If any Lutheran nonprofit’s leaders are resorting to “guilting” Board members and employees into giving (law), they have stopped being Lutheran in their thinking about God and the gifts that He supplies to every person. Equally concerning, they are not working with key leaders in a professional manner. Perhaps the Board or Regents members who suffer this ought to bring it up in a meeting with the organization’s president, treasurer, and fund-development leader. Have an open and frank discussion about it, rather than walk away and stew over it. If Board members, faculty and employees don’t want to offer their support, why not? What is going on in the background that makes even a token gift difficult? I’m not talking widow’s mite – for she gave everything she had. I’m talking ‘token’ vote of confidence.

    There might also be an open and frank discussion about the implied message being sent to the church when a statistically significant percentage of the board cannot joyfully and willingly make at least one gift a year to the organization, at a level determined between the Board member and the Holy Spirit.

    The amount should give the person doing the giving joy. No more, no less.

    The implication that our Lutheran universities, seminaries, RSOs and other nonprofts intentionally do to their Board members what you’ve hypothesized here is disturbing. On a number of fronts. And for those who know better than to use guilt when working with a board, the implication about their character is more than slightly offensive.

  8. For the good of the cause, an M.Div. is an advanced academic degree, and all LCMS pastors have theological acumen, Most if not all Senior Pastors have experience operating a complex organization ( a church is a complex organization if there ever was one) If you look carefully at many current CU boards of regents, you will find pastors, Lutheran and public school educators, attorneys, dentists, small business owners, secular university professors, CEO’s, Corporate executives many of which “only” have and MBA, fundraising consultants, and many other occupations All of whom are gifted in two or more areas and able to serve quite effectively. Our church body needs lay people in roles of leadership on our boards, committees, commissions,etc. Without that the principles on which the LCMS was founded will go away. There is no difference in God’s eyes between a layperson and ordained or commissioned ministers. In the two kingdoms in which we all exist these qualifications seem to supply our boards of regents with quality LCMS people.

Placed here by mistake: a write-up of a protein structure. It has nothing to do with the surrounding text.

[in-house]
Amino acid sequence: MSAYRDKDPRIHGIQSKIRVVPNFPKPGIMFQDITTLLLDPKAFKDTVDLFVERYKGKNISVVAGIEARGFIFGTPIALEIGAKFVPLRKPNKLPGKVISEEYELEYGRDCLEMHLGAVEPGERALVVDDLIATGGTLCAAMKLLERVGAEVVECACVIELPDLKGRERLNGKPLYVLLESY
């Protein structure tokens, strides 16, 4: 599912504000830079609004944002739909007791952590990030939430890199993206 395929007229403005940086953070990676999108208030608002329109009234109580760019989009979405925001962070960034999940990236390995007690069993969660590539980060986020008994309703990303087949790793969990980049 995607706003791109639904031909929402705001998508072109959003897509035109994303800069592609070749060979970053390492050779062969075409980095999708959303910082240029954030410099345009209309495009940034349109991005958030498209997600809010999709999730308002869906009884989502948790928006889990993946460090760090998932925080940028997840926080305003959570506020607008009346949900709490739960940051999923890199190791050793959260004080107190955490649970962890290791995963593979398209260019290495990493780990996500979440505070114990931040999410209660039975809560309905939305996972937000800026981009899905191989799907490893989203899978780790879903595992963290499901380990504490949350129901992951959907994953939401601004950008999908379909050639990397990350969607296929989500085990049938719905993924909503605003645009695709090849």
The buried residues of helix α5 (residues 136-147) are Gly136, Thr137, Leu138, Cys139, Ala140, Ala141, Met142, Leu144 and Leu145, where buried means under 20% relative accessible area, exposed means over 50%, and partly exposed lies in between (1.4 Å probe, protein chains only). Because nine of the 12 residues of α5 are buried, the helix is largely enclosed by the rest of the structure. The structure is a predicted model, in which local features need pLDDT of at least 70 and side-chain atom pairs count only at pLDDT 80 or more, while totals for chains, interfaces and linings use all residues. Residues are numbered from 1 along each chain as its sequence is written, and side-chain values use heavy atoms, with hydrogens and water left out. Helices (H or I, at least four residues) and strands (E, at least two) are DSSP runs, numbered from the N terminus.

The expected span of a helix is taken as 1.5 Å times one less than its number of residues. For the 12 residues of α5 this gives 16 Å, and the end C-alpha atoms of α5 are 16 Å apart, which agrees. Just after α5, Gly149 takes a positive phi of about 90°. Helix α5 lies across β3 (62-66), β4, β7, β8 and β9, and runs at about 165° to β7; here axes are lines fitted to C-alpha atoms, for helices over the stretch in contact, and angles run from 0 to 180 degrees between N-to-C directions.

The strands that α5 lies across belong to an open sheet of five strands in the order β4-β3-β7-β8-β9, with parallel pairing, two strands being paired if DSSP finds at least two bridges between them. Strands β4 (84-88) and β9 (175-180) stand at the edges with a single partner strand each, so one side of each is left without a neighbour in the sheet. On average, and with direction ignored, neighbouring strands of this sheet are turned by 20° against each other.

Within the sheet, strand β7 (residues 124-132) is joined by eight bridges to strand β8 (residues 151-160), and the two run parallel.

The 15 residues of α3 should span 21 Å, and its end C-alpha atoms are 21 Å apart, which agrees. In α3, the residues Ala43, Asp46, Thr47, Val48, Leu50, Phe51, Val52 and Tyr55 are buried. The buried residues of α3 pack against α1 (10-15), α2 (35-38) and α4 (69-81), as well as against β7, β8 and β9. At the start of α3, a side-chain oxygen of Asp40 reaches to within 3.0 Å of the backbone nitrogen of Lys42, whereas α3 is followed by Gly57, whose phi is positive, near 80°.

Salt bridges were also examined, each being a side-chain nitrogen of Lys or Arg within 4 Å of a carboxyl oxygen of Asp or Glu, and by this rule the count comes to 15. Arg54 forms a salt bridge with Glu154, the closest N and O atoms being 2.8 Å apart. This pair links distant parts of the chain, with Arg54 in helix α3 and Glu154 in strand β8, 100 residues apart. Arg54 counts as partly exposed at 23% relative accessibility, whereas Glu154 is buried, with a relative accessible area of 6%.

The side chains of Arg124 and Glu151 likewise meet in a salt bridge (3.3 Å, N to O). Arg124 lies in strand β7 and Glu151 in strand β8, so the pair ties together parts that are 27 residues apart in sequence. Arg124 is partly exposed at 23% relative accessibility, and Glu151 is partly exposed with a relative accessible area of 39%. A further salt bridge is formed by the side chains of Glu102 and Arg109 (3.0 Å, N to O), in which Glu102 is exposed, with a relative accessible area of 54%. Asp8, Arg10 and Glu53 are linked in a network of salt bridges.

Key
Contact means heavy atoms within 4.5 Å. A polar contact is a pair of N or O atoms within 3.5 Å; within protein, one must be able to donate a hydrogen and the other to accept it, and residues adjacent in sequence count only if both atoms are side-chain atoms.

9. Dear BJS Bloggers,

    Thanks for all your comments so far. I have a busy three day weekend, so probably won’t get back to looking at this till next week.

    I cannot say how the Nominating Committee or the Commission on Constitutional Matters (CCM) will interpret these various qualifications. I think I said in my article that the CCM or someone will have to do that.

    I was just trying to make you think about the meaning of the words that are there. Words have fixed meanings, which are subject to contextual use, but are not a “wax nose.” “Acumen” is “acumen,” and means something more than just “competence,” at least according to the dictionaries I have.

    As to the fundraising business, I agree that there are good and bad ways to do that. It may be that many of the regent members who have complained to me about being shamed into giving are the exception, not the rule. I would not have received complaints when fund-raising was done ethically and without pressure. It all probably depends on the president of the college, and/or his development people.

    I have heard, as a general rule, the principle stated within the CUS that “Regent members must support the university they serve financially, because that is part of a regents commitment. Regents can’t ask others to give if they don’t do that themselves.” That can be framed in different ways, both good and bad.

    You can judge whether or not this is a good rule in general. I have my doubts about it.

    For myself, when I worked as Director at CHI, we gave our board members an opportunity to contribute to the project of the CHI museum and new archive area. But we did not shame them, pressure them, or say they were obligated to support it. At least I did not say such things. I cannot say what happened after I was terminated.